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‘My double life going to work from a homeless hostel’

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    Image caption Sarah sits at a windowsill to do her homework

    Mary, and her nine-year-old daughter, Sarah, (not their real names) are homeless and have spent the past 13 months living in a single room in a hostel.

    “Nobody knows how we are living,” says Mary. “No-one knows we are in this situation.”

    “They know we are in temporary accommodation, but they don’t know we are living in a hostel – that we’ve got no space.”

    And there certainly is a lack of space. It is just about possible to walk around one side of the double bed.

    There is a small table, but not enough room for mother and daughter to sit and eat a meal together.

    Their belongings are piled up precariously in laundry-bag towers against the wall, and there is not a free surface in the room. Their stuff is everywhere.

    Sarah has to sit cross-legged on the bed and lean on the windowsill to do her homework.

    No friends

    She is one of the 128,000 children in Britain who will spend Christmas in temporary accommodation this year, according to official figures – the highest number for a decade.

    Very few of these will be sleeping rough, but they will be saddled with the hardships of living in temporary accommodation.

    Mary and her daughter found themselves homeless when their landlord wanted his property back and they could not afford another deposit and rent in advance.

    The office worker struggles to eat let alone cook healthy meals in the room, where just one of the cooker rings works.

    “I am leading a double life because I go to work in my suit all dressed up and I go to church all dressed up, but nobody knows what I am going through.”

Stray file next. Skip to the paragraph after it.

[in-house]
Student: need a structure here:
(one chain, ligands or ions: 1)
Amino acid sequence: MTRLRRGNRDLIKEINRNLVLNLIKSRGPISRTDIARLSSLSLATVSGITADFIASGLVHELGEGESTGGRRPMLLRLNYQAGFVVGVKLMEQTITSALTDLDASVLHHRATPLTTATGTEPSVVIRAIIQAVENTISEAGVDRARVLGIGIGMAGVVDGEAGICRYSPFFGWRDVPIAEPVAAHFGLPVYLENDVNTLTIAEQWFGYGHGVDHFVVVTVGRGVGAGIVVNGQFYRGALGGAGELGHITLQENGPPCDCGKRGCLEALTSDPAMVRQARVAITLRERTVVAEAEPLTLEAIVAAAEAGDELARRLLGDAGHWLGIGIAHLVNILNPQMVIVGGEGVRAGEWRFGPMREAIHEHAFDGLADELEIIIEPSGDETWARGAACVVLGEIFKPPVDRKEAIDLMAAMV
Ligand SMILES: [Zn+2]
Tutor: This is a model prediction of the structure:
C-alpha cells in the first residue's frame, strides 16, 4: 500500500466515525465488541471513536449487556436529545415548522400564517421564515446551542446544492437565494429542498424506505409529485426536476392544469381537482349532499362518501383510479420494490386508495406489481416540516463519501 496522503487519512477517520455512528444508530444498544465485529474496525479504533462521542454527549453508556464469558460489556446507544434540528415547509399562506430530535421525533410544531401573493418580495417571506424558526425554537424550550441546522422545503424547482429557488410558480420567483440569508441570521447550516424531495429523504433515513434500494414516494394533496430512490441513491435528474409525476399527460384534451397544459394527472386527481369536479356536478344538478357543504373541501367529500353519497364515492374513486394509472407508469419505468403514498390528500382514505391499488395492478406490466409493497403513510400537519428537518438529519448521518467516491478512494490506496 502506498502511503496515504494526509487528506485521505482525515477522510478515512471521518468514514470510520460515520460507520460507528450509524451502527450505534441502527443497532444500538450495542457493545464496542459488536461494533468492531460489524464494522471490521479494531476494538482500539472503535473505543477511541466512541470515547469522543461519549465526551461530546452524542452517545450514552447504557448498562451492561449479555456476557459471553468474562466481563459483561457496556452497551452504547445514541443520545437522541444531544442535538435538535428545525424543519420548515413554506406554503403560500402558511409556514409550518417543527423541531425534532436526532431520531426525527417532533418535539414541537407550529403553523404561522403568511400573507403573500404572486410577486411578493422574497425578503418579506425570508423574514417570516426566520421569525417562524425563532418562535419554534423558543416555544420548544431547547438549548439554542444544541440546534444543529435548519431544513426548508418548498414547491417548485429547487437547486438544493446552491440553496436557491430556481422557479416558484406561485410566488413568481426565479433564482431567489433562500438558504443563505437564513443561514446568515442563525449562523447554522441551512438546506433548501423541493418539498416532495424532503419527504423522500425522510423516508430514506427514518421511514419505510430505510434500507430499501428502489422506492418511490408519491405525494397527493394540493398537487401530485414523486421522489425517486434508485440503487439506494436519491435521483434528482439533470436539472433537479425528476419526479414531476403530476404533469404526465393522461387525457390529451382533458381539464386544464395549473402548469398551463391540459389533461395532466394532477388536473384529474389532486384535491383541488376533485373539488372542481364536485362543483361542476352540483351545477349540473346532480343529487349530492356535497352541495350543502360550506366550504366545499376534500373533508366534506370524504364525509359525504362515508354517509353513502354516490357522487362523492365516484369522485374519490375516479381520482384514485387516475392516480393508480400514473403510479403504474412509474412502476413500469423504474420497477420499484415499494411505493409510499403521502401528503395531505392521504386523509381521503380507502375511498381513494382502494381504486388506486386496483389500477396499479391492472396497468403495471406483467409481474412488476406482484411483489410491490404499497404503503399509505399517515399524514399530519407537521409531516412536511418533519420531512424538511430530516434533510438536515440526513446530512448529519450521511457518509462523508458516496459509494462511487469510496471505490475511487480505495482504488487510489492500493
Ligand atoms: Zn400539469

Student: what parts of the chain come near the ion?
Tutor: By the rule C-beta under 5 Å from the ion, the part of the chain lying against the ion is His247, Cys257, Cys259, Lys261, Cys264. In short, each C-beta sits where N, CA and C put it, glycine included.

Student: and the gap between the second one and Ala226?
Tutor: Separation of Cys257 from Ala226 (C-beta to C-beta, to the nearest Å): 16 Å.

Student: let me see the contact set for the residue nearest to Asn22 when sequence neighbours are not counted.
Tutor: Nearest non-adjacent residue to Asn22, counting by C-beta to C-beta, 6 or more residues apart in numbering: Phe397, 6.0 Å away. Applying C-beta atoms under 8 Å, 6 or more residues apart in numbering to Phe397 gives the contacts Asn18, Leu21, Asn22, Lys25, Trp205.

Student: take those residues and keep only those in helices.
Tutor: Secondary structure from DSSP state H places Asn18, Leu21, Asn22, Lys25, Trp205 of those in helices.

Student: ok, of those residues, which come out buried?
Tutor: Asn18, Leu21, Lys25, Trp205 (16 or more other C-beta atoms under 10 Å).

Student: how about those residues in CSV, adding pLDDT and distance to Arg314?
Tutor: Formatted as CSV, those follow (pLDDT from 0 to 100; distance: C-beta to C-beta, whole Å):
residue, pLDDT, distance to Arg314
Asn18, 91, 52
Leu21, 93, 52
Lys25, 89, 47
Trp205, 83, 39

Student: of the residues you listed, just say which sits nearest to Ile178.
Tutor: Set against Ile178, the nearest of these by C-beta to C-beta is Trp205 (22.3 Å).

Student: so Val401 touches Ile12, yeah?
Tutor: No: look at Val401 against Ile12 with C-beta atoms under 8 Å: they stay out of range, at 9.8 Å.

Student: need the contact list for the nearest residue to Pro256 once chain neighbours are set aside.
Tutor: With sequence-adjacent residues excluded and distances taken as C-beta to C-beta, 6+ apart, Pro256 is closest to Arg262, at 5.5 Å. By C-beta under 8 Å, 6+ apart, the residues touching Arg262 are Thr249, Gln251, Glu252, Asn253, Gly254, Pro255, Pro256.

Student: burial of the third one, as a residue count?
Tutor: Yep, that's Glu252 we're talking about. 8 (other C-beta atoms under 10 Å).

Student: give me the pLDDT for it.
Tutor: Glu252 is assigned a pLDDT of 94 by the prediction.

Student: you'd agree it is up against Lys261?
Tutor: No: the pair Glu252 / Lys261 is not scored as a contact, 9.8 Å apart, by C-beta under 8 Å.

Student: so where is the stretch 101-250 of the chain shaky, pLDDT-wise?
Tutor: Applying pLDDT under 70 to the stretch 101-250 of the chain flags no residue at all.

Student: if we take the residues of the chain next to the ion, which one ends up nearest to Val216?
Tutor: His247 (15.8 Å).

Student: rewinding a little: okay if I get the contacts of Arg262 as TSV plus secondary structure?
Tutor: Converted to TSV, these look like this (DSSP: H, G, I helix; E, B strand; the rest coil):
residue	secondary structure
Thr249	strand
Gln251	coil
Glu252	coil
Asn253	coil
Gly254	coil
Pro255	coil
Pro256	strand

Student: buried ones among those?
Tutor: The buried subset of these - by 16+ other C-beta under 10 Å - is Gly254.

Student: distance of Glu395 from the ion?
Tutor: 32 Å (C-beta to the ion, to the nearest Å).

And despite her young years, Sarah seems to want to keep her living conditions secret from her school friends too.

    “I have friends and I really want my friends to come to my house, but they can’t come here.

    “They have to come to a nice house. So if they ask me I say I’ll have to ask my mum.

    “It’s stopping me from having friends and hanging out.”

    According to housing and homelessness charity Shelter, families living in temporary accommodation are often confined to one single room, which significantly disrupts the children’s ability to play or follow a daily routine

    Interviews by the charity with some families in such conditions, revealed children feeling anxious, afraid and ashamed.

    Mary says the practicalities of living in such a small space are very challenging.

    “It’s the storing of our clothes, the washing of our clothes.”

    Like others in similar situations, Mary struggles to stay positive.

    “It’s very easy to not do anything and just come back from wherever and go to bed. I’m trying so hard to fight that.”

    ‘Roof over head’

    Mary adds: “What keeps us going, for me and my daughter, is our faith.

    “I think if I didn’t have that I would have ended up in a mental hospital.”

    The government says it is working with Shelter and others to end homelessness.

    It is providing £1bn until 2020 to tackle the issue and putting into practice the Homelessness Reduction Act, which aims to ensure people receive the support they need earlier.

    A Department for Communities and Local Government spokesman said: “Councils have a duty to provide safe, secure and suitable temporary accommodation.

    “This means that people are getting help now and no family is without a roof over their head this Christmas.”

    View the original article:

    Mary and her daughter have since been moved out of the hostel by their local council but only into another temporary setting.

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